The valuation of Distributed Energy Resources (DER) is a complex, sometimes contentious, topic that generates a lot of trade press in the electric power industry. Utilities and regulators are seeking information about how to value the benefits and costs of DER to investigate whether DER can serve in place of traditional infrastructure investments and whether aligning incentives, payments, and rates with the cost and benefits of DER can send the appropriate market signals to yield results that guide DER deployment to places of highest value on the grid.
Efficiently and affordably capturing CO2 from utility scale power generation is a global challenge and a large potential market opportunity. Conventional carbon capture technologies use power and represent an expense. FuelCell Energy and ExxonMobil are advancing a novel application for installing carbonate fuel cells at combustion-based power plants to efficiently capture CO2 while simultaneously producing power from the fuel cells. Affordable and scalable, fuel cell carbon capture is a potential game-changer.
Distributed Energy Resources (DERs), which include solar, storage, energy efficiency, demand response, and CHP technologies, are disrupting the way electricity has traditionally been generated, transmitted and distributed for the last 100 plus years. Continuing technological innovation and cost declines, together with customer demand, regulatory initiatives, and increasingly sophisticated third party participants, are causing utilities and their regulators to fundamentally rethink traditional business models and regulatory and rate structures. However, how things may change, the rate of c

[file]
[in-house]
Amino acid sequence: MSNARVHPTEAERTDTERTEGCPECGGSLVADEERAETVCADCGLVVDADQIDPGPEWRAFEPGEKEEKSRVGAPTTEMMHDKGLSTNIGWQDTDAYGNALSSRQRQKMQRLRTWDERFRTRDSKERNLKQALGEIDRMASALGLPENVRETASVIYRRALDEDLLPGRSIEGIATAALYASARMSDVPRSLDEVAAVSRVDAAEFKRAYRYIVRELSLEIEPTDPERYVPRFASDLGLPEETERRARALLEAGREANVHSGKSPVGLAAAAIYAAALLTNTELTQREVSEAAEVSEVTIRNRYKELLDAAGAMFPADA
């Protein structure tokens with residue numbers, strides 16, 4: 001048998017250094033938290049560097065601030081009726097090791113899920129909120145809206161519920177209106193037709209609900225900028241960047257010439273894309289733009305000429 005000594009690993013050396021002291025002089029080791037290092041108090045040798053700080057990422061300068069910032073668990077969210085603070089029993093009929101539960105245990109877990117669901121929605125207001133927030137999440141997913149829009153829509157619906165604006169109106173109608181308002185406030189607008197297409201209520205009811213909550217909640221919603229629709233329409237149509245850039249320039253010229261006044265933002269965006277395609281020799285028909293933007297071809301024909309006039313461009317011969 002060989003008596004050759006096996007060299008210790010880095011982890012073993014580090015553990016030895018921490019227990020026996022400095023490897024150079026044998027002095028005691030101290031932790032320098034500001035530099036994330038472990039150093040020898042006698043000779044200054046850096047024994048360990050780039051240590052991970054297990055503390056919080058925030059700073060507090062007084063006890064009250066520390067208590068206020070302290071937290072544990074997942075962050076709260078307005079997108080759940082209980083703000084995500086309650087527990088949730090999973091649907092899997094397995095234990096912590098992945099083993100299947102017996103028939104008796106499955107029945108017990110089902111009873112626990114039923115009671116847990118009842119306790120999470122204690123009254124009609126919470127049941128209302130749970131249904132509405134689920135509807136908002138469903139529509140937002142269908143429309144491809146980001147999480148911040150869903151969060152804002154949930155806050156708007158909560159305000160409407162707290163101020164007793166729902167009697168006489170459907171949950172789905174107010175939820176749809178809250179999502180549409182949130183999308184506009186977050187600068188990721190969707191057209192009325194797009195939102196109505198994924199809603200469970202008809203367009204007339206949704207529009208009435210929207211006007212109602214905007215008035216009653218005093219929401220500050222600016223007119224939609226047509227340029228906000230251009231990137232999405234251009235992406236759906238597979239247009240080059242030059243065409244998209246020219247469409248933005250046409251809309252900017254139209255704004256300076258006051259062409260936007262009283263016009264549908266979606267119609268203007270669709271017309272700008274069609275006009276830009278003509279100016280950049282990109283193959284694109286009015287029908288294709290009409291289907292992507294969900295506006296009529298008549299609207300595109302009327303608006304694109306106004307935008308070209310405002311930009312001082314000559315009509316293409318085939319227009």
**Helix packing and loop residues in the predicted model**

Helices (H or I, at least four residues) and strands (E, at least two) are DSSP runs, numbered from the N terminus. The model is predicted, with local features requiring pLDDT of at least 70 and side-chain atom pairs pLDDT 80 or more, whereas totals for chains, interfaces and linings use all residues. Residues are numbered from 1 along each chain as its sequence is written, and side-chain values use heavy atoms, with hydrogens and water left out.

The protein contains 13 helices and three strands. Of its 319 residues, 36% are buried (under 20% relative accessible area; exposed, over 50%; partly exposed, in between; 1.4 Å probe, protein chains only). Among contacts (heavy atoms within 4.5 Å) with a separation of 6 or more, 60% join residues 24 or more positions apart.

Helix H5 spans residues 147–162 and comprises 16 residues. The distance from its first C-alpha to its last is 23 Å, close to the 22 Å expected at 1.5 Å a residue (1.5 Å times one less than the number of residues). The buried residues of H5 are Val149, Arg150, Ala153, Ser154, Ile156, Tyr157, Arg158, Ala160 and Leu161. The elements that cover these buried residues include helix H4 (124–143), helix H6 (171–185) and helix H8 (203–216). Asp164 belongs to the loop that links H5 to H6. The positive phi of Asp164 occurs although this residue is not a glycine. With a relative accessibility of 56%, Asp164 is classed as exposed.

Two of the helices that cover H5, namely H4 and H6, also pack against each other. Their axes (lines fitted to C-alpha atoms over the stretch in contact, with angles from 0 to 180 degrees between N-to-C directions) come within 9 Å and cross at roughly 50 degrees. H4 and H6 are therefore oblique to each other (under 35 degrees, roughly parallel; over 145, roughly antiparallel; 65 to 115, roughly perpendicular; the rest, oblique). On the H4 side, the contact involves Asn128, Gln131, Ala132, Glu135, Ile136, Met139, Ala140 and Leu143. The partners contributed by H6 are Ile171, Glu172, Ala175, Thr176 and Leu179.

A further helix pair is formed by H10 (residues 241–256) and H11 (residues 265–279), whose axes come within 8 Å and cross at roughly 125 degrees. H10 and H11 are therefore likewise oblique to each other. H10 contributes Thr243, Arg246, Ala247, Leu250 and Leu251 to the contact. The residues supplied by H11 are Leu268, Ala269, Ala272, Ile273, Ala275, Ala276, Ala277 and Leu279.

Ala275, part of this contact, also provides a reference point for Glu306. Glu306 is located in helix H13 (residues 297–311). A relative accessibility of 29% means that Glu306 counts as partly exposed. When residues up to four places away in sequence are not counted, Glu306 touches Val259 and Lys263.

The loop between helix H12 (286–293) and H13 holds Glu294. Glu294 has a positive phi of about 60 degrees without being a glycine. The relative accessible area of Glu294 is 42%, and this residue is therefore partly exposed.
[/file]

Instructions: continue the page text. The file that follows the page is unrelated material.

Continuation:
North Dakota is uniquely situated to lead the way on carbon capture, utilization and storage solutions. It has an abundant supply of coal and geology suitable for CO2 storage as well as oil fields available for enhanced oil recovery.
There is a growing consensus among industry, the environmental community and governments that future CO2 emission reduction goals cannot be met by renewable energy sources alone and that carbon capture, utilization and storage (CCUS) technologies for all fossil fuels (coal, natural gas, oil) will have to be deployed to achieve climate objectives in the U.S. and globally. A commitment to deploying CCUS technologies begins with policies and incentives to level the playing field for CCUS, and includes advancing efforts to deploy CO2 utilization technologies and products.
This panel will discuss the Carbon Capture, Utilization and Storage Act (S. 3179), introduced by Sens. Heidi Heitkamp (D-ND), Sheldon Whitehouse (D-RI) and Shelley Moore Capito (R-WV). This act would remove the cap currently on the Section 45Q federal tax credit. In addition, it would increase the value for each ton of CO2 captured and stored from power plants and industrial facilities. Lawmakers from both parties have endorsed this major legislation as it promotes domestic energy security and reduces carbon emissions.
The Government of Tanzania has ambitious plans for increasing access to electricity, improving power reliability, and expanding the use of domestic resources including natural gas and renewable energy. Recent natural gas discoveries in Tanzania and initial investment in transmission infrastructure have made natural gas one of the main anchors of electricity generation.
The IEA Greenhouse Gas R&D Programme is an international collaborative research activity forming part of the IEA’s Energy Technology Network. Its role is to assess the role that technology can play in mitigating greenhouse gas emissions from fossil fuel use. The programme is a technical body and interacts with the IEA to ensure its technical messages are translated into policy messages for the IEA Ministers amongst others.